Last night, in the wake of controversy following insensitive Twitter banter between Utah Rep. Jacob Anderegg (R-Lehi) and and intern using the account of Utah Senate President Wayne Niederhauser (R-Sandy), a voluntary session was hastily called to provide sensitivity training regarding trans* people and issues at the Utah Senate.
The meeting, called by Senate Chief of Staff Ric Cantrell, was attended by approximately two dozen staff, interns and members of the legislature. It was organized by Equality Utah Executive Director Brandie Balken and featured trans* activists and educators Connie Anast and Dayne Law of Transgender Education Advocates and Bri Blanchard and Kai Martinez of the LGBT Resource Center at the University of Utah.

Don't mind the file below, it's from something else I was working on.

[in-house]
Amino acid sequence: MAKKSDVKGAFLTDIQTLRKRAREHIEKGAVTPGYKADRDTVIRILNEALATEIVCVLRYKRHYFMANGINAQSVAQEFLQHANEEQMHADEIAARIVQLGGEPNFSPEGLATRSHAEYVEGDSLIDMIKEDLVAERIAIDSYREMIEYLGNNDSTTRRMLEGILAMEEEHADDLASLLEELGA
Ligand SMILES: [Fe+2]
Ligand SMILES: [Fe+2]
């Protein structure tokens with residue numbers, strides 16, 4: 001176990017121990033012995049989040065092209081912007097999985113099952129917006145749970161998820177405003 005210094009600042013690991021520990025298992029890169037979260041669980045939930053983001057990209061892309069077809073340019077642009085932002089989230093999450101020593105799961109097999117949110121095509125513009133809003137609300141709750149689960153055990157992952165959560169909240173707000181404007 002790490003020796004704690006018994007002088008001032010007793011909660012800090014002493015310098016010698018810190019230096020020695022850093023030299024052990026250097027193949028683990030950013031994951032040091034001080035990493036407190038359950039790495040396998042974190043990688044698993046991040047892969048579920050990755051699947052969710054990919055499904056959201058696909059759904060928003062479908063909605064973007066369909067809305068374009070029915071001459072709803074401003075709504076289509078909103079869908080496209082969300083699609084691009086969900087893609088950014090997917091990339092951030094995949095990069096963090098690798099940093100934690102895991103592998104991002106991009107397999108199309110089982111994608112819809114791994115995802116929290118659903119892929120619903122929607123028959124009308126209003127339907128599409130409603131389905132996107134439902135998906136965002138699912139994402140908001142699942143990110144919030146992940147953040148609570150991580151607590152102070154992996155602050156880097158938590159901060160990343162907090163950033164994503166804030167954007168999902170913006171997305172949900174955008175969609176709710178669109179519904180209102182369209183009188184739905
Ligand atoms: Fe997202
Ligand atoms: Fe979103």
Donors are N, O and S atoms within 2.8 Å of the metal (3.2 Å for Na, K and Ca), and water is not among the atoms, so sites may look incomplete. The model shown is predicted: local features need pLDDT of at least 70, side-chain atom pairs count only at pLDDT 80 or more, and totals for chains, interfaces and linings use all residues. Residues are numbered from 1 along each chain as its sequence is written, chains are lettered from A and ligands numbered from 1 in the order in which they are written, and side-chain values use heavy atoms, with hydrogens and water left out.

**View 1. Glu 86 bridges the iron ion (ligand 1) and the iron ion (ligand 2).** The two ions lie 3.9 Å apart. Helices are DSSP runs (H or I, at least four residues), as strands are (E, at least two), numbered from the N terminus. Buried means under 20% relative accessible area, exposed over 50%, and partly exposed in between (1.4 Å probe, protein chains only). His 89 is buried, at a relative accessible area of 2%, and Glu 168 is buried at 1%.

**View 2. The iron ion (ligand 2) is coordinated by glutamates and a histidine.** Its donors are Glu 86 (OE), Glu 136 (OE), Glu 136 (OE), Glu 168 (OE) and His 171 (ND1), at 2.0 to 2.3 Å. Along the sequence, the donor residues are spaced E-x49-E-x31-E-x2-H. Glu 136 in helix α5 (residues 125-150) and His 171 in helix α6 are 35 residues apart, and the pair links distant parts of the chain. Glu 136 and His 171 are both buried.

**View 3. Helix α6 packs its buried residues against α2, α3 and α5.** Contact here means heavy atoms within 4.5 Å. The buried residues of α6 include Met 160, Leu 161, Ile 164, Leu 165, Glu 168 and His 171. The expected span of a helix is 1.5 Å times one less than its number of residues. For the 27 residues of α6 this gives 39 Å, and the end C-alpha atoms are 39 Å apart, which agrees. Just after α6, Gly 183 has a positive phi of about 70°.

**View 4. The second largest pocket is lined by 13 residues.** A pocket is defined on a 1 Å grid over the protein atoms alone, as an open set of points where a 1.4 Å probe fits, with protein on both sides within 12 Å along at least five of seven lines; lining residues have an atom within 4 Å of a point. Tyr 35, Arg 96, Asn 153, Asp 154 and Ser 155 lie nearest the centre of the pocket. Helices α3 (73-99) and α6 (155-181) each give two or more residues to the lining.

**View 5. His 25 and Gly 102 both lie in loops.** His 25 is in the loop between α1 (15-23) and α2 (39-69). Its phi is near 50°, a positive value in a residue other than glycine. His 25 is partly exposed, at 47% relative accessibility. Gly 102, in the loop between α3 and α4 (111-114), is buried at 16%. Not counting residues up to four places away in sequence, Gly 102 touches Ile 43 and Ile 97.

Following backlash over the banter, Anderegg apologized for his insensitivity, a sentiment he repeated to the assembled group Monday evening. In a meeting with this reporter, Neiderhauser also accepted responsibility for the tweet from his account, stating that he should have maintained a greater degree of supervision over the account and his intern.
Cantrell’s stated intent was to provide an atmosphere wherein the attendees could freely ask the “most bigoted, stupid questions” they might have without fear of reprisal or recrimination. After the meeting Balken labeled the session as “a good first step.” That sentiment seemed to be echoed by Cantrell and other meeting attendees aftwerward.
QSaltLake was the only media allowed in the session, on the condition that the meeting attendees and details remain confidential.